Automotive

Aston Martin ratchets up heart rates with drop-top DBS Superleggera Volante

The DBS Superleggera gets a drop-top stablemate
The DBS Superleggera gets a drop-top stablemate
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211 mph top speed with the roof up
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211 mph top speed with the roof up
Carbon twill roof surrounds are an option
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Carbon twill roof surrounds are an option
The AeroBlade II invisible air spoiler is still in effect, although we can't tell where it's taking air from now that the rear window vents have disappeared
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The AeroBlade II invisible air spoiler is still in effect, although we can't tell where it's taking air from now that the rear window vents have disappeared
That huge signature grille and hood nostrils are key visual alerts that this thing means business
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That huge signature grille and hood nostrils are key visual alerts that this thing means business
The rear line is kept impressively low and sleek
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The rear line is kept impressively low and sleek
Still rocks that 5.2-liter twin turbo V12 engine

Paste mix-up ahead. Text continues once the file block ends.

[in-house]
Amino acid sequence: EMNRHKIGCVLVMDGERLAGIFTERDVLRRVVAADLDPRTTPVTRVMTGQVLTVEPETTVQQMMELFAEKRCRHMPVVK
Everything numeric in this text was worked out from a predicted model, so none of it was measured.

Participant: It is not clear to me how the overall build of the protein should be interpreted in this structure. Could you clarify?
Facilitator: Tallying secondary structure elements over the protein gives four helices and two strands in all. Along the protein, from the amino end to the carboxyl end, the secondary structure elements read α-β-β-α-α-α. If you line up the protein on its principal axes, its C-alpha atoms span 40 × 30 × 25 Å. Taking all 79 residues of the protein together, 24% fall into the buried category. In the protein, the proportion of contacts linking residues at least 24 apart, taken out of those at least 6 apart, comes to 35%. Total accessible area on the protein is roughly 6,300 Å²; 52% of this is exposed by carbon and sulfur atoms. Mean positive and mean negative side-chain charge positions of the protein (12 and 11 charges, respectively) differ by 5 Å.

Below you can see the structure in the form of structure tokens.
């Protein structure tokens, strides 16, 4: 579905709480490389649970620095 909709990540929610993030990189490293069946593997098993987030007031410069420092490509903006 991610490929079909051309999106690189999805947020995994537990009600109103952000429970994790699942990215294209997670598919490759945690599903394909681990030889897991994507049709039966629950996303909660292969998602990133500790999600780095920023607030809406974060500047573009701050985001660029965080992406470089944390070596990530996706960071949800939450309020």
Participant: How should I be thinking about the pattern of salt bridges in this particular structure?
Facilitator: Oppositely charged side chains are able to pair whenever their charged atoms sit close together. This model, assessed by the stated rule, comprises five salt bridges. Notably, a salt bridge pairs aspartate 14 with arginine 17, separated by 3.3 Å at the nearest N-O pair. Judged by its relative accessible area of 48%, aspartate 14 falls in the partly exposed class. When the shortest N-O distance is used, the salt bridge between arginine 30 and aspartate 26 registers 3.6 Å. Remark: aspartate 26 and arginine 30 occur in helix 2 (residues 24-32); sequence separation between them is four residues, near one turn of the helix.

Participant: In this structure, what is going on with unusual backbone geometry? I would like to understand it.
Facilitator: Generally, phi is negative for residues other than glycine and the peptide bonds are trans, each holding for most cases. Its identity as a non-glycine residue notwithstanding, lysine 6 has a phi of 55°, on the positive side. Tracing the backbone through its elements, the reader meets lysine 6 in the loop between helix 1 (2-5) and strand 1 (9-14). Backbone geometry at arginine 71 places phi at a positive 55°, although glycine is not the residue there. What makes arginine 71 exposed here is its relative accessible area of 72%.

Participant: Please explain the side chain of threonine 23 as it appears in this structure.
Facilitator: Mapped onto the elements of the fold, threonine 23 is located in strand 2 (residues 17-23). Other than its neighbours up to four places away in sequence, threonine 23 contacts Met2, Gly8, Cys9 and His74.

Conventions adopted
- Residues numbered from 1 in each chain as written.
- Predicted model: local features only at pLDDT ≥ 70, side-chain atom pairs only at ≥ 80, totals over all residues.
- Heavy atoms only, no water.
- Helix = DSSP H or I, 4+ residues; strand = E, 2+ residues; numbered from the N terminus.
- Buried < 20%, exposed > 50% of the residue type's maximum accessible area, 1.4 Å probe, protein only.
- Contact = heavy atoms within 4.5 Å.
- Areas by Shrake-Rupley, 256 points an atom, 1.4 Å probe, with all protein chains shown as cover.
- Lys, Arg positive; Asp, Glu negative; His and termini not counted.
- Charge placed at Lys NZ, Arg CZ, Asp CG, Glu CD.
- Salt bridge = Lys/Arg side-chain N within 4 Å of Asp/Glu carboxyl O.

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Still rocks that 5.2-liter twin turbo V12 engine
Looking down into the DBS Superleggera Volante
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Looking down into the DBS Superleggera Volante
Still looks pretty mean with the roof up
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Still looks pretty mean with the roof up
The Volante's interior
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The Volante's interior
The DBS Superleggera gets a drop-top stablemate
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The DBS Superleggera gets a drop-top stablemate
Carbon seats
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Carbon seats

Aston has yoinked the roof off its super-grunty V12 muscle car to create its fastest ever convertible. The DBS Superleggera Volante hits the same 211-mph (340-km/h) top speed as the hard top version, but can drop its eight-layer canopy to deliver "that extra level of sensory overload."

Even more sensory overload, then, for a car that already jars your internal accelerometers with 900 Nm (664 lb-ft) of torque and 715 horsepower (533 kW), while delivering a spine-tingling sonic roar and smelling powerfully of expensive leather in the best possible way. The standard DBS Superleggera is a jacked-up thug of a thing, its tailored suit hugging rippling biceps. It looms ominously in the showroom, nostrils flaring and looking for trouble.

And now it'll loom beside a convertible stablemate. The Volante version keeps just about everything about the hardtop, including that rude 5.2-liter, twin-turbo V12 powerplant and its ZF 8-speed transmission, and much of the carbon bodywork that kept the weight down.

It loses the leather-trimmed ceiling, though, and gains a retractable roof made from eight layers of "insulation materials and acoustically enhancing materials" wrapped up into an "advanced fabric system" that "greatly improves the comfort of the interior cabin for all occupants when up, but allows a true orchestra of sound to pour into the cabin when retracted."